Emergency aid began arriving yesterday in areas devastated by a 6.3-magnitude earthquake in Indonesia, but officials said supplies were not being delivered fast enough to victims who begged for help on roads lined with crumpled buildings.
An aid plane chartered by the UN's children agency arrived in the city of Solo, about three hours from the hardest-hit district of Bantul on Java island. It was loaded with water, tents, stoves and cooking sets that officials said would be distributed later yesterday.
On Sunday, three UN trucks brought high-energy biscuits to survivors and two Singapore military cargo planes arrived at Yogyakarta airport with doctors and medical supplies.
But officials said relief supplies remained inadequate.
"We have received food and medicine from the government but it's not enough," said Suparno, a neighborhood official in Bantul who goes by one name, like many Indonesians. "How can I distribute 40kg of rice to 1,200 people?"
Hundreds of villagers lined main roads in the disaster zone, holding out donation boxes. They explained that any money collected would be used communally to buy rice, oil and candles.
"We need help. Anything at all," one sign read.
President Susilo Bambang Yudhoyono acknowledged a "lack of coordination" in aid distribution when he visited refugees yesterday and called for government officials to be "more agile."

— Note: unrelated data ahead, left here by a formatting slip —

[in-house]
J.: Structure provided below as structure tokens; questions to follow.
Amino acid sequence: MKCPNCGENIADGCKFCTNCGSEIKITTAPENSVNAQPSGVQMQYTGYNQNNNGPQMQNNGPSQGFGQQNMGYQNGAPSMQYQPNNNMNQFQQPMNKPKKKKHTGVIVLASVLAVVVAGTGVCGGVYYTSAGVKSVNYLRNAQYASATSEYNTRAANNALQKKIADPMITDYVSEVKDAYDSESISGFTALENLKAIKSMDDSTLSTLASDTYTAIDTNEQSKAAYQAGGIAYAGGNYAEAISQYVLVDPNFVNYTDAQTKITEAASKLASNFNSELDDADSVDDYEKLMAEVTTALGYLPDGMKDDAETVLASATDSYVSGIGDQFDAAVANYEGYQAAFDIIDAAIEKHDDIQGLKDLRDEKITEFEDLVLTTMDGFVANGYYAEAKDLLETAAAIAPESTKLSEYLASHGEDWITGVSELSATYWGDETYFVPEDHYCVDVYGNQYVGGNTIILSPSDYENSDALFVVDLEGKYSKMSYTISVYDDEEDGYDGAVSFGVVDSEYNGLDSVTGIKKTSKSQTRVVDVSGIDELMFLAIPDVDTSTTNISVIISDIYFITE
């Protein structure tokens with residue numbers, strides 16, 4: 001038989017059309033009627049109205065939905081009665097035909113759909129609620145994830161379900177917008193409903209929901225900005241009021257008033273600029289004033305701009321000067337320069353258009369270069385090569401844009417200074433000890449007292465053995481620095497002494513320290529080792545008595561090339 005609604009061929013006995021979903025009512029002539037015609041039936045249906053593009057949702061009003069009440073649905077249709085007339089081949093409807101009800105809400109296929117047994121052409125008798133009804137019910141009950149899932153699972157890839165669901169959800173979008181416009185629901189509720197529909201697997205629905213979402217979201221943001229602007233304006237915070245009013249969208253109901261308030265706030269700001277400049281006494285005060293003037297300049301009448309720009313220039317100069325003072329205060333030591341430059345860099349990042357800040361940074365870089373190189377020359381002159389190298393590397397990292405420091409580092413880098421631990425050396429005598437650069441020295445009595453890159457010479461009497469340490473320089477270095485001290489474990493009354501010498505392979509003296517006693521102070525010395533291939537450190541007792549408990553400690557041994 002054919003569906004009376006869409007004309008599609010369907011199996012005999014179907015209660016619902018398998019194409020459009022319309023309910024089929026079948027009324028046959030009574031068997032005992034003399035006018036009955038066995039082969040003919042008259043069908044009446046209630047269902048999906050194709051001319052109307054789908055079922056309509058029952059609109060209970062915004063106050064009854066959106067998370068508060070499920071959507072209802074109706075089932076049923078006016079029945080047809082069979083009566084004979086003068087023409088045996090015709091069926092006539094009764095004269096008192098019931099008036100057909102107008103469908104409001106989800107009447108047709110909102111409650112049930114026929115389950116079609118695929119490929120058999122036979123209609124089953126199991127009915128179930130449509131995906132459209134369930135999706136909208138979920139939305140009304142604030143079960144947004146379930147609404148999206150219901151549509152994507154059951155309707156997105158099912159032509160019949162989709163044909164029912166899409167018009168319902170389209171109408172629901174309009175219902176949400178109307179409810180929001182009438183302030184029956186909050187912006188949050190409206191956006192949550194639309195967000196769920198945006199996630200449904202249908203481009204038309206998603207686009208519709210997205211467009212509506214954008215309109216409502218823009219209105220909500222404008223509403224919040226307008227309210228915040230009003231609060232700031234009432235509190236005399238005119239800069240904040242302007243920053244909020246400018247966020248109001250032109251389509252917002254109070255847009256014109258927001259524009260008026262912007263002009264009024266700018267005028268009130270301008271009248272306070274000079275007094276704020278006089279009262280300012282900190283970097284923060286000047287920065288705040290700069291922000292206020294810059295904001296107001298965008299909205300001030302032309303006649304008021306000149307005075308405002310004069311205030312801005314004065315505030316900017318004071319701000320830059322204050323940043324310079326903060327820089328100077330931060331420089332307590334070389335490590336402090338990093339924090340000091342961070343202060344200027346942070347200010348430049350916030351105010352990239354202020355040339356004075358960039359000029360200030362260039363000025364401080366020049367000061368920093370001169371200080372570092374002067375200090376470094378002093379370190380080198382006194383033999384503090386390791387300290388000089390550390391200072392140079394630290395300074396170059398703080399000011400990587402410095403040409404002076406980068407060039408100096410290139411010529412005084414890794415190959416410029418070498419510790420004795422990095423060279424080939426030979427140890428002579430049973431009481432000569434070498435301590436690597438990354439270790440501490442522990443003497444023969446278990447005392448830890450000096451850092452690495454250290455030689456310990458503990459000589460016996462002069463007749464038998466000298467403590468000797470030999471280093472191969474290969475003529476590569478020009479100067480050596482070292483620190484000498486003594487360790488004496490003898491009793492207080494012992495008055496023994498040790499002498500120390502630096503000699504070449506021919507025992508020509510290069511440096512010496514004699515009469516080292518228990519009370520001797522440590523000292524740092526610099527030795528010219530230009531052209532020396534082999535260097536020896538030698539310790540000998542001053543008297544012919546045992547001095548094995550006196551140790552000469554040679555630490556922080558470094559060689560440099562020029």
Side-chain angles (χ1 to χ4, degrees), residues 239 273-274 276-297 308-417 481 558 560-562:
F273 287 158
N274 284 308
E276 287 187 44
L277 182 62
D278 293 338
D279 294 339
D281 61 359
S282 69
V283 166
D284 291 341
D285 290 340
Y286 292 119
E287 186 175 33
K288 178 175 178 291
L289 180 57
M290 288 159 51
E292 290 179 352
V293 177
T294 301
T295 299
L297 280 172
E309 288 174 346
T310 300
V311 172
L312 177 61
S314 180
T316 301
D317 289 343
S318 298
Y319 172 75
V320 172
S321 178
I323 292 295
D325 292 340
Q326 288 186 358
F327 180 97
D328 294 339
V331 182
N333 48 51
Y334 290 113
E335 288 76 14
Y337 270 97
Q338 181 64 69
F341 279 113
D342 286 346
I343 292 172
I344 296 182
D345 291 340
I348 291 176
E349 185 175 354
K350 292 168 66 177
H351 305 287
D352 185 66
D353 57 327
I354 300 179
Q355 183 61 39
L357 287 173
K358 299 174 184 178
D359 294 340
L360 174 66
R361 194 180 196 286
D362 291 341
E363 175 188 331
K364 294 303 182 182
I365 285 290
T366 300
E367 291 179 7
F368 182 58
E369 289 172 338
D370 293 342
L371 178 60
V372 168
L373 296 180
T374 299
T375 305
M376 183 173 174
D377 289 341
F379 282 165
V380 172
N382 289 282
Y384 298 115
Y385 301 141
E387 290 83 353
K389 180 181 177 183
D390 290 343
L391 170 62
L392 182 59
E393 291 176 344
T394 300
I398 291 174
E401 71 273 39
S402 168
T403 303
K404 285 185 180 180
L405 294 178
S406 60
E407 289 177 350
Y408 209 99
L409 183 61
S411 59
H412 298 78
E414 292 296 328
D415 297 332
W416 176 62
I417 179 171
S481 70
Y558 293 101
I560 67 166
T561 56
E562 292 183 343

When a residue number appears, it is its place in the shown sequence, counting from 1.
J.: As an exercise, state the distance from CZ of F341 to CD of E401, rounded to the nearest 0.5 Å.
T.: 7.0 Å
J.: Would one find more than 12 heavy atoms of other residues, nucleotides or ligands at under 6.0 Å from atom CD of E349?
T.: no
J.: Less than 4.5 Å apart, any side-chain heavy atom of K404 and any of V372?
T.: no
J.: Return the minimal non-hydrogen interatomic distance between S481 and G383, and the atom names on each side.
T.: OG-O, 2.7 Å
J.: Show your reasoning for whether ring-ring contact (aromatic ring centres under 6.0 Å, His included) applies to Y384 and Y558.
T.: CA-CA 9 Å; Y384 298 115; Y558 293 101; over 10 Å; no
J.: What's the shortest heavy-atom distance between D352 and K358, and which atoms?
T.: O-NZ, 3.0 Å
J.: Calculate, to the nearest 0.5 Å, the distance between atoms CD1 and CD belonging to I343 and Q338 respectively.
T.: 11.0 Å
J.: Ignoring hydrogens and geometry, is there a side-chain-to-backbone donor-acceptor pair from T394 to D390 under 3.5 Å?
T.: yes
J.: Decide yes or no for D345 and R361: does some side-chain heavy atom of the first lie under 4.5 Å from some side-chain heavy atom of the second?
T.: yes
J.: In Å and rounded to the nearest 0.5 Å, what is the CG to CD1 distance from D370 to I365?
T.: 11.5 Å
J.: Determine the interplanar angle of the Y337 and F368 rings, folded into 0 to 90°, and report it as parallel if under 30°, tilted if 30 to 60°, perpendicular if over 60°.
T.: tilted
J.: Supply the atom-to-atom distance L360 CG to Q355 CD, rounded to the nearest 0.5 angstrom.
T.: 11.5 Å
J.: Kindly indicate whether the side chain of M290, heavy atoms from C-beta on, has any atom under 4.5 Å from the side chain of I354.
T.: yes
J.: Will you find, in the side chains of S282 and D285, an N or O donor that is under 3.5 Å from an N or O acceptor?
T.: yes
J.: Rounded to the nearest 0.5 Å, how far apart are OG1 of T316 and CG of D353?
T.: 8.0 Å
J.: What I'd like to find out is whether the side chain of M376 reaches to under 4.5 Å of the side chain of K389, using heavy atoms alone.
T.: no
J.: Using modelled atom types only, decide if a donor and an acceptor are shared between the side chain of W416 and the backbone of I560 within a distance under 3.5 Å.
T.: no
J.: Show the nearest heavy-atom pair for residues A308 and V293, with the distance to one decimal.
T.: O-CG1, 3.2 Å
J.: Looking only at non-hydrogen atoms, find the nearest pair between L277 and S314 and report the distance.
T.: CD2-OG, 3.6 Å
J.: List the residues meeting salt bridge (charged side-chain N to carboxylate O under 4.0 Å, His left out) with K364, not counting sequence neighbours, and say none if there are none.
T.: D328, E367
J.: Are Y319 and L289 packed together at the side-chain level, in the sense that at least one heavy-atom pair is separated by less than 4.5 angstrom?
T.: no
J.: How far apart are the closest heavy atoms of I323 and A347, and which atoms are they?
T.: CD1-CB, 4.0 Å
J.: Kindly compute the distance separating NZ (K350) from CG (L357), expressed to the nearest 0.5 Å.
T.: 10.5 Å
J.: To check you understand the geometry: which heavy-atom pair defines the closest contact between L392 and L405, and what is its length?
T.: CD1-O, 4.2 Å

"I saw in many areas that there are many things that need to be speeded up," he said.
Yudhoyono -- criticized by some as being hesitant to act in the past -- spent the first night after Saturday's quake sleeping in a tent along with survivors and moved his office to the nearby city of Yogyakarta to supervise relief operations.
The social affairs ministry said yesterday that the death toll from Saturday's earthquake had risen to at least 5,136.
The majority of those killed in the quake -- 3,082 people -- lived in Bantul district, south of the city of Yogyakarta, according to the latest figures issued by the ministry via fax.
More than 1,660 others died in Klaten district, in Central Java province, the ministry said.
The quake left an estimated 200,000 people homeless, most of whom are now living in shacks close to their former homes or in shelters erected in rice fields. Hospitals overflowed with bloodied survivors.
The area affected by the quake stretches across hundreds of square kilometers of mostly farming communities to the south of the ancient city of Yogyakarta.
Countries across Asia and the world have pledged millions of dollars, tonnes of supplies and hundreds of personnel -- and Indonesia said late on Sunday it would allocate US$107 million to help rebuild over the next year.
The US military plans to send 100 doctors, nurses and medical technicians from a base in Okinawa to Indonesia.
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